In the early 1990s an American Company called Costco declared their intention to open stores in the United Kingdom. This was a concept called a Warehouse Club which had a strict membership requirement for people who wanted to shop there. However, the strict membership was open to interpretation and allowed not just limited companies but individuals to be members providing they met certain criteria.
There was a fear in the retail industry in the UK that others would follow from America and that they could prove a great threat to the existing supermarket hierarchy enjoyed by Tesco, Sainsburys, ASDA, etc. However, whilst it is true to say that a company called Makro had been trading in the UK for a large number of years, it was the thought of an influx of American companies that caused Tesco, Sainsburys and ASDA to club together and fight a planning application at Thurrock being made by Costco. Unfortunately that challenge did not succeed and Costco accordingly were granted planning consent.
At the same time an existing UK company called Nurdin & Peacock decided to open an American style warehouse club called Cargo Club and in a very short space of time they acquired sites in Croydon, Birmingham and Bristol. Each one of these sites had planning consent for retail and each store was approximately 130,000 sq ft.
Whilst Costco seemed to succeed with their warehouse club concept it would appear as though the Cargo Club did not live up to expectations. I was aware of that fact and therefore I suggested to Sainsburys that they should consider making an approach to Nurdin & Peacock to buy these three large retail outlets with a view to putting a Savacentre into each one of them. As club membership was for a twelve month period, it became obvious that the pressure would be on Nurdin & Peacock to gain substantial renewals of membership after the first 12 months. When it became obvious that membership renewal was not as high as expected there was increasing pressure on Nurdin & Peacock to do something about the operation or face closure.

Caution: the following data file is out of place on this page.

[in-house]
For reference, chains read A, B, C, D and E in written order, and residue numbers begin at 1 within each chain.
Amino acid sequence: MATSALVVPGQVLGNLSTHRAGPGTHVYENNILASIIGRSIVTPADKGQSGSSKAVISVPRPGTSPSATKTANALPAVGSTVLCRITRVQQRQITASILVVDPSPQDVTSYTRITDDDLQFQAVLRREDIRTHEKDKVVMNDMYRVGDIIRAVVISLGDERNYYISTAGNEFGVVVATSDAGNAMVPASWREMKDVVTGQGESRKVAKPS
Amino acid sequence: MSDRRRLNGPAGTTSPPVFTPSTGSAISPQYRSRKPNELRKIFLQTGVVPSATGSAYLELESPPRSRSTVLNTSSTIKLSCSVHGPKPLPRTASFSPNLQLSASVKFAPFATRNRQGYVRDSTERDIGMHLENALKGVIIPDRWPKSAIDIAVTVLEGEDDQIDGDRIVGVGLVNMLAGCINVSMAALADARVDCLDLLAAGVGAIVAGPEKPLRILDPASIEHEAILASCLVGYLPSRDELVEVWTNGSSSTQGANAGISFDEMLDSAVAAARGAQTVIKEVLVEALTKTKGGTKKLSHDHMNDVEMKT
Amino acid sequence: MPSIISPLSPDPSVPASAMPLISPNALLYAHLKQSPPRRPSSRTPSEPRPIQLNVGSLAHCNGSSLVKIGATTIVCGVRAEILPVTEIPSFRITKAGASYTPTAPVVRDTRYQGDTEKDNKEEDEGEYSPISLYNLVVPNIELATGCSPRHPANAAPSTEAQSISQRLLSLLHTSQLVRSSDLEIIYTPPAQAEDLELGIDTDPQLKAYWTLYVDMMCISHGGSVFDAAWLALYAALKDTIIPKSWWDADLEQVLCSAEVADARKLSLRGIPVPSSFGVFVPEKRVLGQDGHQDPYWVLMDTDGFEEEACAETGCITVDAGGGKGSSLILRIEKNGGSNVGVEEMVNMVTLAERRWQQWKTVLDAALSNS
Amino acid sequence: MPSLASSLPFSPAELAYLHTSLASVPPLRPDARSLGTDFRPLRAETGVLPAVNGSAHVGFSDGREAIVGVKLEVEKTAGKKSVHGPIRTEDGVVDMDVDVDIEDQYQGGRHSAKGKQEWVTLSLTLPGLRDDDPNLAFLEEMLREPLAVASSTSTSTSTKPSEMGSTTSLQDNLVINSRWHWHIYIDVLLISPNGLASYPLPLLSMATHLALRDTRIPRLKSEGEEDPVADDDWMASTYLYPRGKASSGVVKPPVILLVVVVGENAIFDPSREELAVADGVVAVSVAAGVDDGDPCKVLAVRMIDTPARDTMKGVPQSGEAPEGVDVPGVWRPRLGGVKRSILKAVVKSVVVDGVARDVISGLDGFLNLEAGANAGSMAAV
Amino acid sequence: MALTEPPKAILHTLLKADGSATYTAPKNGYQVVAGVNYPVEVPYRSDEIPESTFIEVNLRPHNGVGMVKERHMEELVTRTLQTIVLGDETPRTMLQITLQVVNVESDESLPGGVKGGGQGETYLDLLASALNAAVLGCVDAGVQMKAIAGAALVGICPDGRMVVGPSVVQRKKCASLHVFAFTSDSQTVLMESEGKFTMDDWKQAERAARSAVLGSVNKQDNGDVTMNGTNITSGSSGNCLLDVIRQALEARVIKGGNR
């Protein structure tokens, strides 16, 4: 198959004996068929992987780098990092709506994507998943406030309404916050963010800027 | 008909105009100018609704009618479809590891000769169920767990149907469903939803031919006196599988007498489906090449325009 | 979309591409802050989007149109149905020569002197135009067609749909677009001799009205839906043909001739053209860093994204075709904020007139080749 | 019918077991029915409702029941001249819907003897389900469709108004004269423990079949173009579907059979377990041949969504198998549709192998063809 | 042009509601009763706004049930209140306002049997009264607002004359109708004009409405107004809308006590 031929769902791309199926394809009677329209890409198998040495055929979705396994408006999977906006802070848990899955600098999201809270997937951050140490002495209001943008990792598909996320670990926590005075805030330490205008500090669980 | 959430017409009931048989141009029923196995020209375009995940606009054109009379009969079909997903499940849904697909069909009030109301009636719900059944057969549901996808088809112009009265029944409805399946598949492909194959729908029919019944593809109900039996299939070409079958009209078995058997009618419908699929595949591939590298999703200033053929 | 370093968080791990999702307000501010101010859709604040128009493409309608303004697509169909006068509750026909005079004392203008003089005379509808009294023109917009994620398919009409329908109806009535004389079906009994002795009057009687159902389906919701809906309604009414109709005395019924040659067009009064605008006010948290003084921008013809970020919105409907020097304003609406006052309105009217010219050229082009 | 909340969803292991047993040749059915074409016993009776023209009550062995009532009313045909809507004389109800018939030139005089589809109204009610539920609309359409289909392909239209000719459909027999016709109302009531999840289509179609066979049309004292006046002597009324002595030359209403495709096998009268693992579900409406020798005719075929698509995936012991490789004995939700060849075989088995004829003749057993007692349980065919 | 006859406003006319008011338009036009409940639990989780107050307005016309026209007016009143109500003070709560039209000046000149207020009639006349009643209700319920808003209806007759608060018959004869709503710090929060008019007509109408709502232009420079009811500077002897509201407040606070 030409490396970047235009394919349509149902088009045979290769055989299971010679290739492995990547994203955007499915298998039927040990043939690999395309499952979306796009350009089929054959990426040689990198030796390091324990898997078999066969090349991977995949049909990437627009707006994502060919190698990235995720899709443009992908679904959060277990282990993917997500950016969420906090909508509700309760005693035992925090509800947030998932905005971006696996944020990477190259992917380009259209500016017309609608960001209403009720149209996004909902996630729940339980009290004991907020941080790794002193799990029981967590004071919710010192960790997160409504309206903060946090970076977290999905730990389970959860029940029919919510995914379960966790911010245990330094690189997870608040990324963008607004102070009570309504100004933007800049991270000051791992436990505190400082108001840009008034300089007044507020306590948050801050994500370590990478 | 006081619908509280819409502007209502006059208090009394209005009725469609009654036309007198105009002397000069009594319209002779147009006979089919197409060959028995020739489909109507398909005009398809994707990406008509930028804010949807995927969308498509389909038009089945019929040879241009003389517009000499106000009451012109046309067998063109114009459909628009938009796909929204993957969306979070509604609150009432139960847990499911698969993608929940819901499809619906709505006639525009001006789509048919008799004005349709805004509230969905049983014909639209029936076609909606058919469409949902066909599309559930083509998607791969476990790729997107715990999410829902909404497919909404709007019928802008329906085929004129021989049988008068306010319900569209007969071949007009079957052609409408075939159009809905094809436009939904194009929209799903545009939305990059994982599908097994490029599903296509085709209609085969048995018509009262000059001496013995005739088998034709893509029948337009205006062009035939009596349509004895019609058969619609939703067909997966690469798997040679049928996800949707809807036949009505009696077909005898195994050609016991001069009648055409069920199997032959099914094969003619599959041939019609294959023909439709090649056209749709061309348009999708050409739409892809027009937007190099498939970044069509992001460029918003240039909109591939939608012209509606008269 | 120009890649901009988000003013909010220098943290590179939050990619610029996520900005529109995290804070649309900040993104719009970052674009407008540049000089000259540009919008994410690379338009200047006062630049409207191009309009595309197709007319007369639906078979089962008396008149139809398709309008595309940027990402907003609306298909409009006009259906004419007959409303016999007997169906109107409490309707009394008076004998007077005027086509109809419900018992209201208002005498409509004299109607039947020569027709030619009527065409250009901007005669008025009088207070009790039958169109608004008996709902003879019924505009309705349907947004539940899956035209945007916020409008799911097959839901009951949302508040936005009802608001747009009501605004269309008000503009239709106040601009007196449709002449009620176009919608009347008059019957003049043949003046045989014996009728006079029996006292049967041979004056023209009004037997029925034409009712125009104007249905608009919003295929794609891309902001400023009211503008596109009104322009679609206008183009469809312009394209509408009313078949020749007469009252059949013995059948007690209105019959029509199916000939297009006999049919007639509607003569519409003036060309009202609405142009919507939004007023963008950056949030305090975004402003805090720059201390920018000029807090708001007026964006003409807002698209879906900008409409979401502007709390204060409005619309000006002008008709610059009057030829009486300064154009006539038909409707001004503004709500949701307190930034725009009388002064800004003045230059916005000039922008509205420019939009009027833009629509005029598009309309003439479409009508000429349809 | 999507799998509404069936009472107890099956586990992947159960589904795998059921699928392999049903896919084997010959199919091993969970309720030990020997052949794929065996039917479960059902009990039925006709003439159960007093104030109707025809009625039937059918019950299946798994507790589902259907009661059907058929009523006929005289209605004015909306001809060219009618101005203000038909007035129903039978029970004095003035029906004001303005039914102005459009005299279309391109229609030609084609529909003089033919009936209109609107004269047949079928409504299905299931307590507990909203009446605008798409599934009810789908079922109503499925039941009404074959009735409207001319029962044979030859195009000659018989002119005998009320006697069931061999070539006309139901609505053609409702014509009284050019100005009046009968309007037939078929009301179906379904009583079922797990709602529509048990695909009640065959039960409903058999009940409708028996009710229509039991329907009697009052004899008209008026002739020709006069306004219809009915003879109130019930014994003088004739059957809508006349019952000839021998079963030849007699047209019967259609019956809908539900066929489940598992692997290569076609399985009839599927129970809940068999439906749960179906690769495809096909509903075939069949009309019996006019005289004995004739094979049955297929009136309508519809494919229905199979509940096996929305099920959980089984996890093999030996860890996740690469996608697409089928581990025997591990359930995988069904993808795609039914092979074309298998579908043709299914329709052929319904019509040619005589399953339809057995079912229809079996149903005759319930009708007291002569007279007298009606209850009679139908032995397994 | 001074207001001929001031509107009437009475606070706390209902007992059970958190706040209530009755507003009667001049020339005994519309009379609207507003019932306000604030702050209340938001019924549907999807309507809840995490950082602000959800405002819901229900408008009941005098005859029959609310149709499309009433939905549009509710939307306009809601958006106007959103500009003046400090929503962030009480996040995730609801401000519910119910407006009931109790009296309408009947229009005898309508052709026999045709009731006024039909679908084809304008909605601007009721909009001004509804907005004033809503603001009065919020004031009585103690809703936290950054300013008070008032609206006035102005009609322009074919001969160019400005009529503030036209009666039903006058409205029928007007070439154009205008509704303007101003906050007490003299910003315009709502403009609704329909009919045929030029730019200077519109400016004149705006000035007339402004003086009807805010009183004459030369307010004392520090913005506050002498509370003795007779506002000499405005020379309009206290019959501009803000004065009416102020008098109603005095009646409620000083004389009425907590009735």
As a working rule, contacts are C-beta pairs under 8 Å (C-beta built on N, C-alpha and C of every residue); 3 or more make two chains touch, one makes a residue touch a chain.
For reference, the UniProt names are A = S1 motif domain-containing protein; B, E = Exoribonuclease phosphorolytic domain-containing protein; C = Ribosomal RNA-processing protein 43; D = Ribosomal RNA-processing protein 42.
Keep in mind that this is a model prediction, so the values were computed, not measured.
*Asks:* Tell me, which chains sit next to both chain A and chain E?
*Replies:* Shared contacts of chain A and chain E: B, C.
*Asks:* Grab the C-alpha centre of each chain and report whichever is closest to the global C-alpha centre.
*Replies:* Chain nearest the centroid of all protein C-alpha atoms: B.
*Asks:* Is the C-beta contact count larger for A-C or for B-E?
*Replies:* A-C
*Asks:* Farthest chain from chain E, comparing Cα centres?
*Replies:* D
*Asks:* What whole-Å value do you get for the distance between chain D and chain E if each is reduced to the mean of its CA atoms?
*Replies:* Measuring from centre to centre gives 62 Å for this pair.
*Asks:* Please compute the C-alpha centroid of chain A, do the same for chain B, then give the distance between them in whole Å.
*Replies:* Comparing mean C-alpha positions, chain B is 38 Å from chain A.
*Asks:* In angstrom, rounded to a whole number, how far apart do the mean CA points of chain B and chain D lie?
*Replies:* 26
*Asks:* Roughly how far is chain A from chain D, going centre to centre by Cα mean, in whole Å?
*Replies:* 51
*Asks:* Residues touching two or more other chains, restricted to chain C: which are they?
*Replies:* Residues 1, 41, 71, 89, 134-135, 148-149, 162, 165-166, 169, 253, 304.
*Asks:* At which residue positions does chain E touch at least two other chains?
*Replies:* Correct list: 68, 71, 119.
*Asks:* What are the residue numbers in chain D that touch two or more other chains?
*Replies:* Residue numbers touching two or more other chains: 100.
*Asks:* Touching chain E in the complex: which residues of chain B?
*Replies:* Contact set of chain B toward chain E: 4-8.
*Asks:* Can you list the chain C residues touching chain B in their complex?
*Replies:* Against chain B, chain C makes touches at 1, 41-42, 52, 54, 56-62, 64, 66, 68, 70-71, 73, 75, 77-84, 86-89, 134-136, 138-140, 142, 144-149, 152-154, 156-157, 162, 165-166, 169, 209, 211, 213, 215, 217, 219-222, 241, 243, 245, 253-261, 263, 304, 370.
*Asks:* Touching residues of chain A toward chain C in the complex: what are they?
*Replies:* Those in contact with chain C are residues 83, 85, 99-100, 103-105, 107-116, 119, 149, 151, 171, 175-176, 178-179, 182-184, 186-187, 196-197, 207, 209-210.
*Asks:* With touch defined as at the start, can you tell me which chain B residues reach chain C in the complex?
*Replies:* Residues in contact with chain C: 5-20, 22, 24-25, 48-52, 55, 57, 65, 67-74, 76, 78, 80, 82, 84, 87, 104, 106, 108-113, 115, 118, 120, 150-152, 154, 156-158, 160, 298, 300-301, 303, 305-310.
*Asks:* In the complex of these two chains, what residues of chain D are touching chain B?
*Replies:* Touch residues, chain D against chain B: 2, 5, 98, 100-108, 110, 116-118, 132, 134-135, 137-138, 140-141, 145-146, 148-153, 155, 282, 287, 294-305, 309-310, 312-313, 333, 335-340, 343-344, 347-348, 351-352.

I was instructed by Sainsburys to enter into negotiations with Nurdin & Peacock to purchase all three properties and eventually a price of £45 million was agreed. One of the advantages of this transaction is that it effectively took out of the marked one of the warehouse club operators leaving Costco (and Makro) as the only competition.
However, after a period of assessment Sainsburys decided not to continue with the operation of the Savacentre name and operation. Accordingly, I was given instructions to sell Birmingham and let the Croydon store whilst Sainsburys decided to open the Bristol store as a Sainsburys supermarket.
The property in Croydon was situated opposite the IKEA unit which had been developed in the old power station just off Purley Way. JS Developments were to consider the division of the store into smaller units. It was important to get an anchor. I had spoken to Lord Kirkham of DFS but he had not yet been to Croydon and was reluctant to commit himself as his company was largely represented in the North. With poor initial response Sainsbury decided to sell the property.
There was keen interest from many developers to purchase because it had an open A1 planning consent. A number of developers expressed an interest but at the end of the day an offer at £21,500,000 was accepted from Castlemore Securities. This bid was largely based on a pre-let to DFS and there were strong links between DFS and Castlemore.. I was jointly retained to let the property with Harvey Spack Field.
The other property in Birmingham proved a little more difficult to dispose of as it had a very restricted consent which effectively meant it could only be used as a warehouse club. We did eventually obtain a proposal from Costco but their offer was conditional upon a number of factors which Sainsburys found difficult to accept. In the months up to the offer being made by Costco interest had been expressed by Tony Gallagher who had substantial property interests in the area and was keen to get involved with future development. Just prior to instructing solicitors regarding the offer from Costco, Gallaghers made an offer which was higher than Costco and without conditions. However, bearing in mind the earlier interest of Costco, I was instructed by Sainsburys to accept their lower offer if they withdrew their conditions. This they refused to do and accordingly my instructions were to sell the property to Tony Gallaher for a figure of approximately £17.5 million.
It later transpired that he was fronting up this purchase on behalf of B&Q who eventually obtained planning consent to redevelop the whole site for a new B&Q warehouse knocking down the existing Cargo Club which had only been standing for about two or three years.
Although the original intention was to acquire three new retail outlets for Sainsburys, at the end of the day they were able to open a new superstore in Bristol at a total net cost of £6 million which would be considerably less than the construction cost let alone the land value they would have had to pay in the open market.